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© Research
Publication : Journal of bacteriology

Activities of the Serratia marcescens heme receptor HasR and isolated plug and beta-barrel domains: the beta-barrel forms a heme-specific channel

Scientific Fields
Diseases
Organisms
Applications
Technique

Published in Journal of bacteriology - 01 Jul 2005

Létoffé S, Wecker K, Delepierre M, Delepelaire P, Wandersman C

Link to Pubmed [PMID] – 15968075

J. Bacteriol. 2005 Jul;187(13):4637-45

The Serratia marcescens hemophore-specific outer membrane receptor HasR is a member of the TonB-dependent family of autoregulated receptors. It can transport either heme itself or heme bound to the hemophore HasA. On the basis of sequence and functional similarities with other TonB-dependent outer membrane receptors whose three-dimensional structures have been determined, a HasR structure model was proposed. The mature HasR protein comprises a 99-residue amino-terminal extension necessary for hasR transcription, followed by a plug domain of 139 amino acids and a beta-barrel domain inserted in the outer membrane, the lumen of which is closed by the plug. This model was used to generate hasR deletions encoding HasR proteins with the native signal peptides but lacking either the N-terminal regulatory extension or encoding the plug or the beta-barrel alone. The protein lacking the N-terminal extension, HasR delta11-91, was incorporated in the outer membrane and was fully functional for active uptake of free and hemophore-bound heme. The HasR beta-barrel, delta11-192, was also incorporated in the outer membrane and bound the hemophore but expressed no active heme transport properties. The HasR plug remained in the periplasm. Coexpression of the plug and the beta-barrel allowed partial plug insertion in the outer membrane, demonstrating that these two HasR domains interact in vivo. The beta-barrel and the plug also interact in vitro. Nevertheless, the two domains did not complement each other to reconstitute an active TonB-dependent receptor for free or hemophore-bound heme uptake. Production of the beta-barrel alone selectively increased passive diffusion of heme but not of other exogenous compounds. A mutation at histidine 603, which is required for heme uptake through the wild-type receptor, abolished heme diffusion, showing that HasR delta11-192 forms a specific heme channel.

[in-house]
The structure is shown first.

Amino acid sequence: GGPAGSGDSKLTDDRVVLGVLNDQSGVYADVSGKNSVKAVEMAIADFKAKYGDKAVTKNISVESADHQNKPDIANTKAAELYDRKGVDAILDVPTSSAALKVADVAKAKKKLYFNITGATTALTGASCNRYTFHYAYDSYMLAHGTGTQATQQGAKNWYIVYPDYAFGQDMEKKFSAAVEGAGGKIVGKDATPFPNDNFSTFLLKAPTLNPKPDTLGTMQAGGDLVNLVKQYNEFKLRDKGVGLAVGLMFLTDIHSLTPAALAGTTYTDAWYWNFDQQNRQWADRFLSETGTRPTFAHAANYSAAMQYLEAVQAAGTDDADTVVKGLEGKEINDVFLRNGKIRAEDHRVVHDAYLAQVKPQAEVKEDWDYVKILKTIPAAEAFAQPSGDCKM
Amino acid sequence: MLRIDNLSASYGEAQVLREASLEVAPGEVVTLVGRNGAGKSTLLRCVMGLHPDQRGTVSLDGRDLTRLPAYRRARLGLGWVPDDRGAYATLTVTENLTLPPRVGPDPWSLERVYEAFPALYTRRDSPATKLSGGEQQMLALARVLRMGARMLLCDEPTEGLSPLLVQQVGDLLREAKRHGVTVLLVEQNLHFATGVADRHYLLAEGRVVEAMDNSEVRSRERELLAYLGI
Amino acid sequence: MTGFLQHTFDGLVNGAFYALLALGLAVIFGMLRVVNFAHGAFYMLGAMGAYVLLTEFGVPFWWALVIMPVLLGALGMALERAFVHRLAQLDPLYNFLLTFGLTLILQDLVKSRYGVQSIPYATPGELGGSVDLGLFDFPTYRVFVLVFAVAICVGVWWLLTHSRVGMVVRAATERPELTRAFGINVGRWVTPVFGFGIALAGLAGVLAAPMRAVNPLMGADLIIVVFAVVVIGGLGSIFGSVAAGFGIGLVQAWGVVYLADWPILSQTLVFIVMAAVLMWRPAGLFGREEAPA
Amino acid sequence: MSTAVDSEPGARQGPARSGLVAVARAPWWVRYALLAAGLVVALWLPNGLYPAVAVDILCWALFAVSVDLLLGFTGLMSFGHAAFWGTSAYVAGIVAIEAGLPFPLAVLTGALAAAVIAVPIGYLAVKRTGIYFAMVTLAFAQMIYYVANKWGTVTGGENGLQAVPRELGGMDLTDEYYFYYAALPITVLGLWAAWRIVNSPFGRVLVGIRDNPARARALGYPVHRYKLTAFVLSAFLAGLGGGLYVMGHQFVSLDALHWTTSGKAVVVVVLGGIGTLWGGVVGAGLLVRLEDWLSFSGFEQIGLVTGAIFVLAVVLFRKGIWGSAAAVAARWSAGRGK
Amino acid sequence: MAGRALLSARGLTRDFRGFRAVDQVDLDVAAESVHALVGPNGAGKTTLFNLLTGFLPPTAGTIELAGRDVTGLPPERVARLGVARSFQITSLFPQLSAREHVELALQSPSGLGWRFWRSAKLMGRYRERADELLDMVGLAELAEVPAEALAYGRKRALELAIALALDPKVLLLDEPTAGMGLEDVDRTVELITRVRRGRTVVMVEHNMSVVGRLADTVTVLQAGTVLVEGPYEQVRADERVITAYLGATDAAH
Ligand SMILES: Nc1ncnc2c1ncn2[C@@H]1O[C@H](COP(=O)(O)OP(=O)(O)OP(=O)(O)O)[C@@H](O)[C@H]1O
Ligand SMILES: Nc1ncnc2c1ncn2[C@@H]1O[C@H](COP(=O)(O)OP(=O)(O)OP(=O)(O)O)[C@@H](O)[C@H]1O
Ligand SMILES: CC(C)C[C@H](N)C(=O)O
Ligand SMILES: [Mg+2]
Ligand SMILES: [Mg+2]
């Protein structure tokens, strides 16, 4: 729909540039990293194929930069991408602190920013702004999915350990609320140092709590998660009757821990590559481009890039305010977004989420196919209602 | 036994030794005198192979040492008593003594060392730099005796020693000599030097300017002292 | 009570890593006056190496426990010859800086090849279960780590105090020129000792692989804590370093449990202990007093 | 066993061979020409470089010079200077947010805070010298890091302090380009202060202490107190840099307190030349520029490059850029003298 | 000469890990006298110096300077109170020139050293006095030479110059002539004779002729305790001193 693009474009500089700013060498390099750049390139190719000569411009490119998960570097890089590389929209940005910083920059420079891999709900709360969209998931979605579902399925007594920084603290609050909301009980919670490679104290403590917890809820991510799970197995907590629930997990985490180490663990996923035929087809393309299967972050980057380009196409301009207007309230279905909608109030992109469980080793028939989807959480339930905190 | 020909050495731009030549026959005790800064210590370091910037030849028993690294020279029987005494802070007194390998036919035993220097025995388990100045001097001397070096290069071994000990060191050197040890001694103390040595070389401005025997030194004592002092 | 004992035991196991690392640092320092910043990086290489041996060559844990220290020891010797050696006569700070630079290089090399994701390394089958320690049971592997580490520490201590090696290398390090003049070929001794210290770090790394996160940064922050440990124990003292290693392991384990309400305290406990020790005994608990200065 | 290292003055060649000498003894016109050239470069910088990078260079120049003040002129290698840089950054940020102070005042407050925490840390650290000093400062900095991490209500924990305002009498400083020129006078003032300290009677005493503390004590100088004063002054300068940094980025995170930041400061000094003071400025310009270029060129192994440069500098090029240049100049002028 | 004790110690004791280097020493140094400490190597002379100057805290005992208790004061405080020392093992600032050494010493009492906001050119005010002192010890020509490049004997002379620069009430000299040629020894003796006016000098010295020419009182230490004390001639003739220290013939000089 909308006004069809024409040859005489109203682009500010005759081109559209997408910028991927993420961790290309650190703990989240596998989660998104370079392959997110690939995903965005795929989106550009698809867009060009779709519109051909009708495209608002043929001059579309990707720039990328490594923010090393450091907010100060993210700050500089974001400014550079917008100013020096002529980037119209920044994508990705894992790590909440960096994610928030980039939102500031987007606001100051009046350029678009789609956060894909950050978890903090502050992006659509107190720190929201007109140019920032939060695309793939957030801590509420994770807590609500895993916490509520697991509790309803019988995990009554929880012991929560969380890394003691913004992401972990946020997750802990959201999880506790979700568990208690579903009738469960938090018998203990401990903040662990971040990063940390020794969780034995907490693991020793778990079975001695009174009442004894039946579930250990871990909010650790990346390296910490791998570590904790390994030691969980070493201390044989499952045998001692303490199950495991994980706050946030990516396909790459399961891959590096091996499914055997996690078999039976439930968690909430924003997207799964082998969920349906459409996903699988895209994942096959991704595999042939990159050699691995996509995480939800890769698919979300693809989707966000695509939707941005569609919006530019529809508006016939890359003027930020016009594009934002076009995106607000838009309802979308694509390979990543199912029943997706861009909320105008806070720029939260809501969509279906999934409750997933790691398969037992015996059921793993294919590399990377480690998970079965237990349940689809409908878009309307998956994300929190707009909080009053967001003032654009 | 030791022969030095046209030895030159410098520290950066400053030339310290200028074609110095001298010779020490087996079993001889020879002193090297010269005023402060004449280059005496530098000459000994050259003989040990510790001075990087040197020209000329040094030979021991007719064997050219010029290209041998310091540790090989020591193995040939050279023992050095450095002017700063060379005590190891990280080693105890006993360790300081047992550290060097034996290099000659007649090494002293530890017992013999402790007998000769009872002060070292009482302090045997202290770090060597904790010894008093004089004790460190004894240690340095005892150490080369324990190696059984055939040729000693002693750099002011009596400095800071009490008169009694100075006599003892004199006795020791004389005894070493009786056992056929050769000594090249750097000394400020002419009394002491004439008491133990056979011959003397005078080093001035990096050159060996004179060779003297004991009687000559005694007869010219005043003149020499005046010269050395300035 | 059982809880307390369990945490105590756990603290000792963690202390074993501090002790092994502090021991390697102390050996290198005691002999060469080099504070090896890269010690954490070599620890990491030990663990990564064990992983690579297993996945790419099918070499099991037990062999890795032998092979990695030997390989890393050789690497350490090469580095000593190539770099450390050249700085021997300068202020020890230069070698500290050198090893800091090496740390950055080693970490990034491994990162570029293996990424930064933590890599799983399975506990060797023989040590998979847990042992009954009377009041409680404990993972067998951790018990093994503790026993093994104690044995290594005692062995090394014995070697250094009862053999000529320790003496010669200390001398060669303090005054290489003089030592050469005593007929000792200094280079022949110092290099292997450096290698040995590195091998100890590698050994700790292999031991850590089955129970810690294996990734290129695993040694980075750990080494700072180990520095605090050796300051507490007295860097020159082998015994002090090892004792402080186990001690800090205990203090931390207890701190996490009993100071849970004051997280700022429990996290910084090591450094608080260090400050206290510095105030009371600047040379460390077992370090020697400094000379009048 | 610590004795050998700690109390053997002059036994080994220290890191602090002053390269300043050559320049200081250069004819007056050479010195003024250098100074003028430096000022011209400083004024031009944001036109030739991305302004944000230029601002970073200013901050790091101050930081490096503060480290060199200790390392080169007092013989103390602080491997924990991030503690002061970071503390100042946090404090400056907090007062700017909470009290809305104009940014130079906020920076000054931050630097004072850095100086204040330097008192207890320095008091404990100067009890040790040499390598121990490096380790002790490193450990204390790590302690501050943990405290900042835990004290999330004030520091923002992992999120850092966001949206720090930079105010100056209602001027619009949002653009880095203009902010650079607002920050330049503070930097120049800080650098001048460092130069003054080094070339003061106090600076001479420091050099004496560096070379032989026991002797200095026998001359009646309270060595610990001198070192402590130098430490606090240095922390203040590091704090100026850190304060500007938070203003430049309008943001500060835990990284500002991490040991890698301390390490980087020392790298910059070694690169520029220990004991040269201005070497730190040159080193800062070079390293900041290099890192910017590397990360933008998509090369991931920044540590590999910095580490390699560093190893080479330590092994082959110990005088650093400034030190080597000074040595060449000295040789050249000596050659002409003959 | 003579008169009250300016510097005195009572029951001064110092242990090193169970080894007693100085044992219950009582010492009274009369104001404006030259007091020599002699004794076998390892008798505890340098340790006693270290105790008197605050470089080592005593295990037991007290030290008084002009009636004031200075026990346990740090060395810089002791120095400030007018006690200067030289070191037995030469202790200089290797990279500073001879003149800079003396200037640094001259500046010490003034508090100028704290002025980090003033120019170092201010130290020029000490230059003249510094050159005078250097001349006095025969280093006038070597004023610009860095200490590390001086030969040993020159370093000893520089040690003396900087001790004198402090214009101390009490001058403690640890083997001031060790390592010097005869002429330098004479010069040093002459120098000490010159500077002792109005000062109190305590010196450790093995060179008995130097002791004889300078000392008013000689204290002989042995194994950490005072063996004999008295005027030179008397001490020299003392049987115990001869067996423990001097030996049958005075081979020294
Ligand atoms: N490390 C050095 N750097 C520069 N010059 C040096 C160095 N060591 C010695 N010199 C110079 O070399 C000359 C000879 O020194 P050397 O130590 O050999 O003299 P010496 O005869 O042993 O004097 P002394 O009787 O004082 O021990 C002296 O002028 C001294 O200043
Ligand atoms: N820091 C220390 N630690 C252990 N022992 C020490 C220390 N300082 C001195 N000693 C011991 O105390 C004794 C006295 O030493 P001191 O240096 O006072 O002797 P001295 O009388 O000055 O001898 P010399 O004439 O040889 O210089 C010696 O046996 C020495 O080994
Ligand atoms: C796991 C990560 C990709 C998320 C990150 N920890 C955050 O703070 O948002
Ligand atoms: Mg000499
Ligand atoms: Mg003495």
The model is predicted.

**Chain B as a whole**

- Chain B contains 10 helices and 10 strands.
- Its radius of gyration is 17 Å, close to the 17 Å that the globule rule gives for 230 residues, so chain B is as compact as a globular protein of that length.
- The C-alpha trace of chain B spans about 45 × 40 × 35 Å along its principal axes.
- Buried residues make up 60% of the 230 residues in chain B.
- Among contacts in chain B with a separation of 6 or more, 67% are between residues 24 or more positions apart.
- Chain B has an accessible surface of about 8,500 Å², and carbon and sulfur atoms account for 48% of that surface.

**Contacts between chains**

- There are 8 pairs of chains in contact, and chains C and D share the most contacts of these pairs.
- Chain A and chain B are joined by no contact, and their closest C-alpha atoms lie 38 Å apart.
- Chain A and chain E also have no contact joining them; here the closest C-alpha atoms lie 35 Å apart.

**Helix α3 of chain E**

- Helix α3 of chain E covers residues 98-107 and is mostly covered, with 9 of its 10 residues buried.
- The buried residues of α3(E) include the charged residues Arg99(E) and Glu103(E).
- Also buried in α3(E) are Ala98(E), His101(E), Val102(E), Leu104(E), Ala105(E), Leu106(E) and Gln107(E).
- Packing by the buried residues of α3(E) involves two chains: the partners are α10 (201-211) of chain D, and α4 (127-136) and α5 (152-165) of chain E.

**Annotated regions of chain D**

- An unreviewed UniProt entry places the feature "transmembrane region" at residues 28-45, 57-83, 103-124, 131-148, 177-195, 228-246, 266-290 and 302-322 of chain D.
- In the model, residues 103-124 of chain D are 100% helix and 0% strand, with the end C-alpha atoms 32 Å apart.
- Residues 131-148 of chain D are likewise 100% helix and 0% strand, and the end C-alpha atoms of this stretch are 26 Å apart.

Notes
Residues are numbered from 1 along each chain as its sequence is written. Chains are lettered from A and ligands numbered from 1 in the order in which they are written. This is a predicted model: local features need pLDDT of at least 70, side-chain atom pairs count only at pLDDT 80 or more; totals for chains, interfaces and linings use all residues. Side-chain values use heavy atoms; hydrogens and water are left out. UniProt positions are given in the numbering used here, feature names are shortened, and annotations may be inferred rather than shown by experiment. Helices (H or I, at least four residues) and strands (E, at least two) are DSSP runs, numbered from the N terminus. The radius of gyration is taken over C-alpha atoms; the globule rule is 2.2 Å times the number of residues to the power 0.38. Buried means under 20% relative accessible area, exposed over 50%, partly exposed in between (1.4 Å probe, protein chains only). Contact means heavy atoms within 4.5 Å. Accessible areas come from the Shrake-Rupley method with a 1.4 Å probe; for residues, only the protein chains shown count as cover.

http://www.ncbi.nlm.nih.gov/pubmed/15968075